The RYNO was made into reality as the result of a child’s imagination. When a Portland, Oregon engineer’s 13-year-old daughter asked if it was possible to build a one-wheeled motorcycle she saw in a video game, Chris Hoffmann decided that yes – he probably could. Further research revealed earlier attempts, such as this wild sit-inside-the-wheel contraption from the 1940s. With recent technological advances and cost reductions leveraged from mass production products like smart phones, the technology-to-cost curve had finally hit a tipping point. The future we wanted is finally ready for delivery.
That daydream of a 13-year-old became a sketch on napkin. Hoffmann – a self-taught engineer with 15 years of auto industry engineering experience designing heavy plant machinery – approached the dilemma in a unique manner. Rather than figuring out if he could build it, he instead spent time trying to figure out what would stop him from building it. He kept finding low cost high tech components until all that was left was the sheet metal to connect it. So he took a machine-shop class at the local community college and got busy.
Six years and three prototypes later, all the lessons learned in the shop and all the feedback from the road have been combined into an amazing product, which is set to enter production as the world’s first. The one-wheeled, ultra-efficient urban personal transportation device of the next generation.
Tony Ozrelic (RYNO’s co-founder), was an engineer and inventor with a keen interest in self-balancing machines. Thanks to an online tutorial Tony posted about how to build a Segway from off the shelf parts and plywood and an email from Chris that said it might only take a few weeks to write the software, Chris Hoffmann and Tony connected. Chris had already built the mechanical frame for prototype one but was lost trying to figure out how to write software.
Tony came by, took the electronics parts, and in a week had built the small two-wheeled contraption pictured above to show-off his self-balancing software. Over the next few years, Tony built the circuit boards and other components in his garage shop. Today, what is inside the RYNO is a product of all that experience and all that testing.
While the look of the RYNO has evolved significantly, it was an incredible piece of machinery from the beginning. This is the first functioning prototype, built in 2008. The still functioning machine now sits at RYNO headquarters.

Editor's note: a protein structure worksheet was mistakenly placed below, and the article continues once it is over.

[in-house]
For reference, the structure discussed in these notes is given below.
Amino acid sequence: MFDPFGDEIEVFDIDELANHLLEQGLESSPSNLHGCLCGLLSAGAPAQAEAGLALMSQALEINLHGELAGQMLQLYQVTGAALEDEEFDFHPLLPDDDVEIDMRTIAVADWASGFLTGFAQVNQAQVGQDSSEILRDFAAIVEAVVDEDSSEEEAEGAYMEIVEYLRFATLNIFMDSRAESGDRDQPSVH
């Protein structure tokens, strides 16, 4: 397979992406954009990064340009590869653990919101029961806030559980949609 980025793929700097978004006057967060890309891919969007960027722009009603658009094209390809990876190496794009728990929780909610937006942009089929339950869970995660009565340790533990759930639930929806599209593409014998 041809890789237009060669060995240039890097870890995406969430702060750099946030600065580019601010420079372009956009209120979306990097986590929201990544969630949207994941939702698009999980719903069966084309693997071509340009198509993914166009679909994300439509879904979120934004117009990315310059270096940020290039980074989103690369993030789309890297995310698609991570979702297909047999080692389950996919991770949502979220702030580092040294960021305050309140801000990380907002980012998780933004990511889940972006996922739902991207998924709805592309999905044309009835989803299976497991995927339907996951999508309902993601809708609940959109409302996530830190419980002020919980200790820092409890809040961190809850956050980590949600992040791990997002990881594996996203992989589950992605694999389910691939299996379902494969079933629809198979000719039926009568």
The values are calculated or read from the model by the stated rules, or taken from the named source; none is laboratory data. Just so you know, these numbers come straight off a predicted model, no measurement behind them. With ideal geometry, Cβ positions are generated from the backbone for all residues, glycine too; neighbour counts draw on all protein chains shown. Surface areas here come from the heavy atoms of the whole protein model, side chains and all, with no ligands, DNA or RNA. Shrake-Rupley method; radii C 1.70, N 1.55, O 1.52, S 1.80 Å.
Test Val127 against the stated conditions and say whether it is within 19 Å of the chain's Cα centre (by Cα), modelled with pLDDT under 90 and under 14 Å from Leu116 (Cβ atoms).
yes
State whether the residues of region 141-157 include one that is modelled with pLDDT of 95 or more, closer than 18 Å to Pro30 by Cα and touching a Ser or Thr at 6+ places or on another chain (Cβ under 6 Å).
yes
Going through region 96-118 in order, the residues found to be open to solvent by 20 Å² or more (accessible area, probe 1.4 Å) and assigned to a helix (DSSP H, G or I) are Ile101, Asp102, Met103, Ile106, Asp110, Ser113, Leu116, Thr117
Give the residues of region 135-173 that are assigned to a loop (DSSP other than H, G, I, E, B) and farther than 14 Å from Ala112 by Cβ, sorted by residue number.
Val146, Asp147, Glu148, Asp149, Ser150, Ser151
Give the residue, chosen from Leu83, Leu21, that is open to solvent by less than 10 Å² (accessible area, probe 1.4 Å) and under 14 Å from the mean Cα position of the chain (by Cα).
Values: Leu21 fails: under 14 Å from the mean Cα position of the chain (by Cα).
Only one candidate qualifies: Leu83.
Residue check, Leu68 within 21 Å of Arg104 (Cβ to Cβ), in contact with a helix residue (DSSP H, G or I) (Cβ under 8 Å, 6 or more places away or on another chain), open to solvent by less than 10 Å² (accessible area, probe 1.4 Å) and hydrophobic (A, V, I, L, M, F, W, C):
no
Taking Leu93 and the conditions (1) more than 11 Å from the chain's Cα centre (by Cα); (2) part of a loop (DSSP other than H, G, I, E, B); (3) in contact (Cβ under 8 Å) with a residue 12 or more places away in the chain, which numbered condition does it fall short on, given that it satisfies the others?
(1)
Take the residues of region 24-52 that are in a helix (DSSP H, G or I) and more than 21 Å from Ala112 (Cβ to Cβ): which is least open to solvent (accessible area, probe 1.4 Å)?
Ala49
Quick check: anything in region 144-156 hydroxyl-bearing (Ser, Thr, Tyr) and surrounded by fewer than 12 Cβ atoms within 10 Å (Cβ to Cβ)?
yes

Portland, OR, near RYNO’s Beaverton facilities, provides a perfect backdrop to illustrate the potential of the RYNO. As the product development process continued, the vision of what it could be became clear. A truly transitional vehicle for urban commuters. The lack of bulk meant it would be allowed to enter places and mingle in areas where larger machines could not go. This was no more apparent than in the urban downtown mixed-use areas in Portland’s Northwest district.
Elevators. Offices. Bike lanes – essentially, anywhere you can walk (and you wouldn’t walk on a freeway, would you?) Keep in mind that regulatory laws differ from state to state, so it is important that potential purchasers carefully review their state regulations and comply with any special requirements. See our regulatory page for more information on where RYNO can go.
Word about RYNO began to get out. The futuristic, brushed metal prototype gets a TV cameo – but rather than a high-tech, sci-fi thriller, it stays true to it’s local roots. Thousands across the country saw the RYNO featured on an episode of white-hot sketch-comedy show Portlandia.
A YouTube video featuring the RYNO racks up millions of hits as tech blogs, bike blogs, and other media outlets pick up the story of the one-wheeled motorcycle.
In 2012, Chris Hoffmann is featured at an independently-organized TEDx event in San Francisco. Chris talks not only about the concept, but how city planners need to think more about saving “time” not fuel and how such a small, simple device has potential for joining the world-wide revolution trying to reduce congestion in cities across Asia or in our own backyard. The TEDx talk leads to RYNO being contacted by investors who shared the same vision of making RYNO a reality.
The first RYNO riders are already adventuring out into the world. Are you one? Riding a RYNO makes you not just a vanguard or trendsetter, but a part of the RYNO revolution – people willing to test their own strengths, their own limits, who are willing to make a personal commitment to something that’s not for everyone. If you literally want to balance right on top of a combination of cutting edge engineering and technology, wrapped up in a sleek adventuresome design, then your choice is clear – you need to ride a RYNO.
The future you were promised
is now ready for delivery.